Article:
Violation of Traffic Laws as Proof of Negligence
In an automobile accident action against a driver for damages suffered in a car collision, the driver's violation of a traffic law can be evidence of his or her negligence. The law calls negligence based upon the violation of a specific requirement of law "negligence per se." Negligence per se means that as a matter of law negligence existed. While the violation of a traffic law is negligence as a matter of law, the violation does not mean that the driver is liable unless the negligence was the proximate cause of the plaintiff's injury. Negligence is ordinarily a question for a jury. It only becomes a question of law when a court determines that only one conclusion can reasonably be drawn from the evidence. If the violation of the traffic law is treated as negligence per se, the question of negligence will not be given to the jury.
For a traffic law to set a minimum standard of care so that its violation is negligence per se, the courts have noted that the law must be one to promote safety; the plaintiff must be a member of the protected class; and the defendant must be a person upon whom the statute imposes specific duties. Some courts do not consider the violation of a traffic law to be negligence per se. Some consider it prima facie negligence. Other courts call it evidence of negligence. Another group of courts consider it negligence per se and, therefore, the proximate cause of the injury. Finally, another group of courts see it as negligence per se, but it is for the jury to decide whether the negligence proximately caused the injury.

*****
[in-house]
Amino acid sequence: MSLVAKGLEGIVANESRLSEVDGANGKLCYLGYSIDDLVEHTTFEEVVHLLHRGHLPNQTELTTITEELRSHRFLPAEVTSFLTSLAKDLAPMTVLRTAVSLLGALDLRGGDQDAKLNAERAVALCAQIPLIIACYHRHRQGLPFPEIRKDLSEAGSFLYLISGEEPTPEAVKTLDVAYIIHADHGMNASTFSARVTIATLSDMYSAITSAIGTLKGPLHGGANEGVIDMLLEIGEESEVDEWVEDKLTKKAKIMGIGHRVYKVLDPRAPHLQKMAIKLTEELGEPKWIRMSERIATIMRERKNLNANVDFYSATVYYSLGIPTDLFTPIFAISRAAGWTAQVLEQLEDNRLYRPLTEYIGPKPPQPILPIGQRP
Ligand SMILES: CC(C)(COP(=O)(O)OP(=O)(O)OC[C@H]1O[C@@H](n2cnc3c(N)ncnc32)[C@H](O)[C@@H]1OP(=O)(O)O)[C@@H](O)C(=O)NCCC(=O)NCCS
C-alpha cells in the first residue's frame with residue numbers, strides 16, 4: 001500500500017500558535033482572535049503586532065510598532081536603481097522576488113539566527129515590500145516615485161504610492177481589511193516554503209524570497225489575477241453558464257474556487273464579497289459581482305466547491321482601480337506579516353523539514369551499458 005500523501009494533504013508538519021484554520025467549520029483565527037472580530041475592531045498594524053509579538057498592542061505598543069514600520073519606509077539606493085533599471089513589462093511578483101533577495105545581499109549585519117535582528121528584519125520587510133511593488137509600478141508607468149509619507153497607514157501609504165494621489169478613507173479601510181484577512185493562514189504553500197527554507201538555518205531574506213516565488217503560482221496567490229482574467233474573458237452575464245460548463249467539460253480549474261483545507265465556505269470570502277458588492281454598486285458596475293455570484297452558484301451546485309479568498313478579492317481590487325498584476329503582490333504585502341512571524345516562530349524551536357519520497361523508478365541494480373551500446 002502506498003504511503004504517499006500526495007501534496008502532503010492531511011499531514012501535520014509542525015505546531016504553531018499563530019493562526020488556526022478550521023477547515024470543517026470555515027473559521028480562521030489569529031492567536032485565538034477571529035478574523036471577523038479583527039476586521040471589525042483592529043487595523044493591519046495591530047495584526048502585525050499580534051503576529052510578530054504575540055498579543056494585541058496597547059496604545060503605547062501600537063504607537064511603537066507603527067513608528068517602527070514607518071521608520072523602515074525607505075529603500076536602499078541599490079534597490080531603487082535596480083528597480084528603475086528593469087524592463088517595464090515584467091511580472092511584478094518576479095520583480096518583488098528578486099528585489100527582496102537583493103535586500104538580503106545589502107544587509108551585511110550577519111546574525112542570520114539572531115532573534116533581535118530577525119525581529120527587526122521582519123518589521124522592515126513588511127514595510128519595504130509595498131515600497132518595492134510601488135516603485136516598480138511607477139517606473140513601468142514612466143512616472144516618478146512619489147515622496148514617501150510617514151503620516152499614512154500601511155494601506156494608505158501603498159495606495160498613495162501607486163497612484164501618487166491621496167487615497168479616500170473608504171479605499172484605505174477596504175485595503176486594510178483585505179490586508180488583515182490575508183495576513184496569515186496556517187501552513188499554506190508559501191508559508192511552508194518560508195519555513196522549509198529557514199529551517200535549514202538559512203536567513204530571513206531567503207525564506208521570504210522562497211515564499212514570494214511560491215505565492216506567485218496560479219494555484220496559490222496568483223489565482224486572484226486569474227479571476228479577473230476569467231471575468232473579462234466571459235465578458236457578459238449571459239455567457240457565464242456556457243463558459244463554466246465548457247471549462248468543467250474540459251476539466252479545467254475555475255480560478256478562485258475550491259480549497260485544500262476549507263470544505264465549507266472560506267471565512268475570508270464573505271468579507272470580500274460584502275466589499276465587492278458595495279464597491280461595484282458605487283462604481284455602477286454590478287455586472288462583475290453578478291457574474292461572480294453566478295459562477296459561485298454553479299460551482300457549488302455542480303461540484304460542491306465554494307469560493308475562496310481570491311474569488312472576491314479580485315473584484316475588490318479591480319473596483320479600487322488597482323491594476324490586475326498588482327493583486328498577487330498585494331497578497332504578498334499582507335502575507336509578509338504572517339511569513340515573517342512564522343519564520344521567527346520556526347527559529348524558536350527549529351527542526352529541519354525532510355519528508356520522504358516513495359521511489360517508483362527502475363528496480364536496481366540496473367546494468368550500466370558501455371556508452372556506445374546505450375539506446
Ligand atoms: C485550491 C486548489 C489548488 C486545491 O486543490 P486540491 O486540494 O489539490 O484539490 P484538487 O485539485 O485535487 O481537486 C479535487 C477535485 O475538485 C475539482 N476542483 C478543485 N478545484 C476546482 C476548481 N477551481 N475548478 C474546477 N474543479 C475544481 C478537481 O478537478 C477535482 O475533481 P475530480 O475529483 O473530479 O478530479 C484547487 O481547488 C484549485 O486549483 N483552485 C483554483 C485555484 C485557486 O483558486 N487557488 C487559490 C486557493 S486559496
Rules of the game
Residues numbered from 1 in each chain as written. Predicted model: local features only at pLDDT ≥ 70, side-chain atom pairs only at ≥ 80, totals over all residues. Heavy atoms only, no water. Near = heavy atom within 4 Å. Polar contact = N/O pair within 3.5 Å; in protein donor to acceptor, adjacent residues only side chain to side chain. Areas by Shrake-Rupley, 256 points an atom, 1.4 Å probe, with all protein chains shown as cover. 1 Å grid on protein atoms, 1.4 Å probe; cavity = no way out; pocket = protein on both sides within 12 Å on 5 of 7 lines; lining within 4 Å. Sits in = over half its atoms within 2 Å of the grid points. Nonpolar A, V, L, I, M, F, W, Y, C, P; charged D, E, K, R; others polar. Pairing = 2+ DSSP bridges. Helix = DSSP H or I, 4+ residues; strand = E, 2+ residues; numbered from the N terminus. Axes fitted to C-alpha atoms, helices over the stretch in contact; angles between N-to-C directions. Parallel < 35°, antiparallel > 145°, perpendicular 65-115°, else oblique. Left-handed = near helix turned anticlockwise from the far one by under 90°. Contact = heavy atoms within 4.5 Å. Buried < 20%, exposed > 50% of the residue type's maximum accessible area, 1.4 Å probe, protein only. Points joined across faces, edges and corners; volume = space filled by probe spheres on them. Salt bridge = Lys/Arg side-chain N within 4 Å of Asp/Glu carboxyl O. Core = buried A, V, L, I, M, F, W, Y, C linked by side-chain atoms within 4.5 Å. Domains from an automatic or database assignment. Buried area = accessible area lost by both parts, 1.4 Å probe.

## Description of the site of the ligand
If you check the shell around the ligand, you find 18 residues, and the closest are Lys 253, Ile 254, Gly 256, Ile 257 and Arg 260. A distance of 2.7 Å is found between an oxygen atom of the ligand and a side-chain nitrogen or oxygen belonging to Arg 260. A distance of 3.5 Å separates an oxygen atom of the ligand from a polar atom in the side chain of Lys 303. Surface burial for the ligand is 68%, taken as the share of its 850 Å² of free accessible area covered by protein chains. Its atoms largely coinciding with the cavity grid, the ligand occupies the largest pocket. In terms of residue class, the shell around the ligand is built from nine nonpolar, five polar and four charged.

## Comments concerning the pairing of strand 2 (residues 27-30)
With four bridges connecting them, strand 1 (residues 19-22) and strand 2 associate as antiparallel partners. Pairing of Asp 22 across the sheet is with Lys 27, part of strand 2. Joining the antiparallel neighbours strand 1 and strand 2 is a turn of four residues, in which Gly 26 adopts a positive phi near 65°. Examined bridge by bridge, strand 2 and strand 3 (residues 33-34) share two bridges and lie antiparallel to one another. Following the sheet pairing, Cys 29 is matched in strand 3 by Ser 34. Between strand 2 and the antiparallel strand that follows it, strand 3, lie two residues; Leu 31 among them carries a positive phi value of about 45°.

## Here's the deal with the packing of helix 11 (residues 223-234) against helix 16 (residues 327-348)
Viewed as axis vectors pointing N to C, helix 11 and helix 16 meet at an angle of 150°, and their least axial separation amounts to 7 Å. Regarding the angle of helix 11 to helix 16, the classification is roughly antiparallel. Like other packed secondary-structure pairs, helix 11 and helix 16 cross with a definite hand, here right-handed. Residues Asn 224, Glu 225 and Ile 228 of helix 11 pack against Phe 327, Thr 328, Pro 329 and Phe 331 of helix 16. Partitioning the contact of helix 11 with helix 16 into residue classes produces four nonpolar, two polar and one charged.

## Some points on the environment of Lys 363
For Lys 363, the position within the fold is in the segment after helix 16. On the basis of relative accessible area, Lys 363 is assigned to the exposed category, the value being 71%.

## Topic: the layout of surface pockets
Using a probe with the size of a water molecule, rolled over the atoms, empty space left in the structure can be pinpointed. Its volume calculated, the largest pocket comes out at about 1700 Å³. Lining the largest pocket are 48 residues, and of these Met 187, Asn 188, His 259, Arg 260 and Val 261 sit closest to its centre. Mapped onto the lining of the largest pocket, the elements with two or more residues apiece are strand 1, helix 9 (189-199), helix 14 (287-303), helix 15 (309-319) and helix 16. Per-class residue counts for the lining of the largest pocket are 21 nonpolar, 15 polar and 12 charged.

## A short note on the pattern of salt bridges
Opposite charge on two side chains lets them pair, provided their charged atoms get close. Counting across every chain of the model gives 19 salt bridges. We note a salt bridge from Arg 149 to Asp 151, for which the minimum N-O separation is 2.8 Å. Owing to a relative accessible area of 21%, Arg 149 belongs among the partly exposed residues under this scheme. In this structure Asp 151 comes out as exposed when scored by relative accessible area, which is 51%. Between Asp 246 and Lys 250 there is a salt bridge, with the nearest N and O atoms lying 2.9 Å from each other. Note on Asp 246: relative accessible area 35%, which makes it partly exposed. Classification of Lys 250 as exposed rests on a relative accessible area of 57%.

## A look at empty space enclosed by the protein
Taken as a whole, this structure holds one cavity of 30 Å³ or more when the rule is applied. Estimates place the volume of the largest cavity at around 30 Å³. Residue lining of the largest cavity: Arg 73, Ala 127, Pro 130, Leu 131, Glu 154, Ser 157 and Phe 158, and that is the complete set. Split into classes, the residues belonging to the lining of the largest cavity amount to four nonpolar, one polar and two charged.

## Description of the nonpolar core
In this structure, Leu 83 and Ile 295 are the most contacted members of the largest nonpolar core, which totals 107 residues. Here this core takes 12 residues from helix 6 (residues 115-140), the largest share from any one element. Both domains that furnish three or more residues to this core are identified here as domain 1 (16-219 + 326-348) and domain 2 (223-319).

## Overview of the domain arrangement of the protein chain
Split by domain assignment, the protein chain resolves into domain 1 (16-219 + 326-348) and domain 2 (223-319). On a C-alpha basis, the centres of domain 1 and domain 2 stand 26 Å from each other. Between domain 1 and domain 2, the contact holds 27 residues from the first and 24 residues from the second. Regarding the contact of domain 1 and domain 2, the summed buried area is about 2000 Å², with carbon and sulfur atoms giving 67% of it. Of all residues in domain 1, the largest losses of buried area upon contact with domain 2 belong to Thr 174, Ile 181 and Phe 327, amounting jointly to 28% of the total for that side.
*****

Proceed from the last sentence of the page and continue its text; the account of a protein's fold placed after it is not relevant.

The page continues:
Some courts state that while the violation of a traffic law is presumably negligence, the presumption is not conclusive. The presumption can be rebutted by proof that the act was justifiable or excusable under the circumstances. For instance, it is against the law to travel on a road at night without headlights and a driver, who does so, is in an accident. The driver could show that although he knew that the headlights were not working, the car was the only way to get his ill child to a hospital. In such a case, the decision of whether that driver was negligent under the circumstances goes to the jury.
Often, a question of whether a plaintiff is contributory negligent for his or her own injuries arises because the plaintiff violated a traffic law. If the violation of the law is negligence per se, the plaintiff must show that the negligence was not a contributory factor to the accident. In the case of a violation of a mandatory seat belt usage statute, most courts hold that it does not establish negligence as a matter of law or negligence per se for comparative fault purposes. A majority of jurisdictions do not allow evidence of seat belt use to reduce a plaintiff's recovery.
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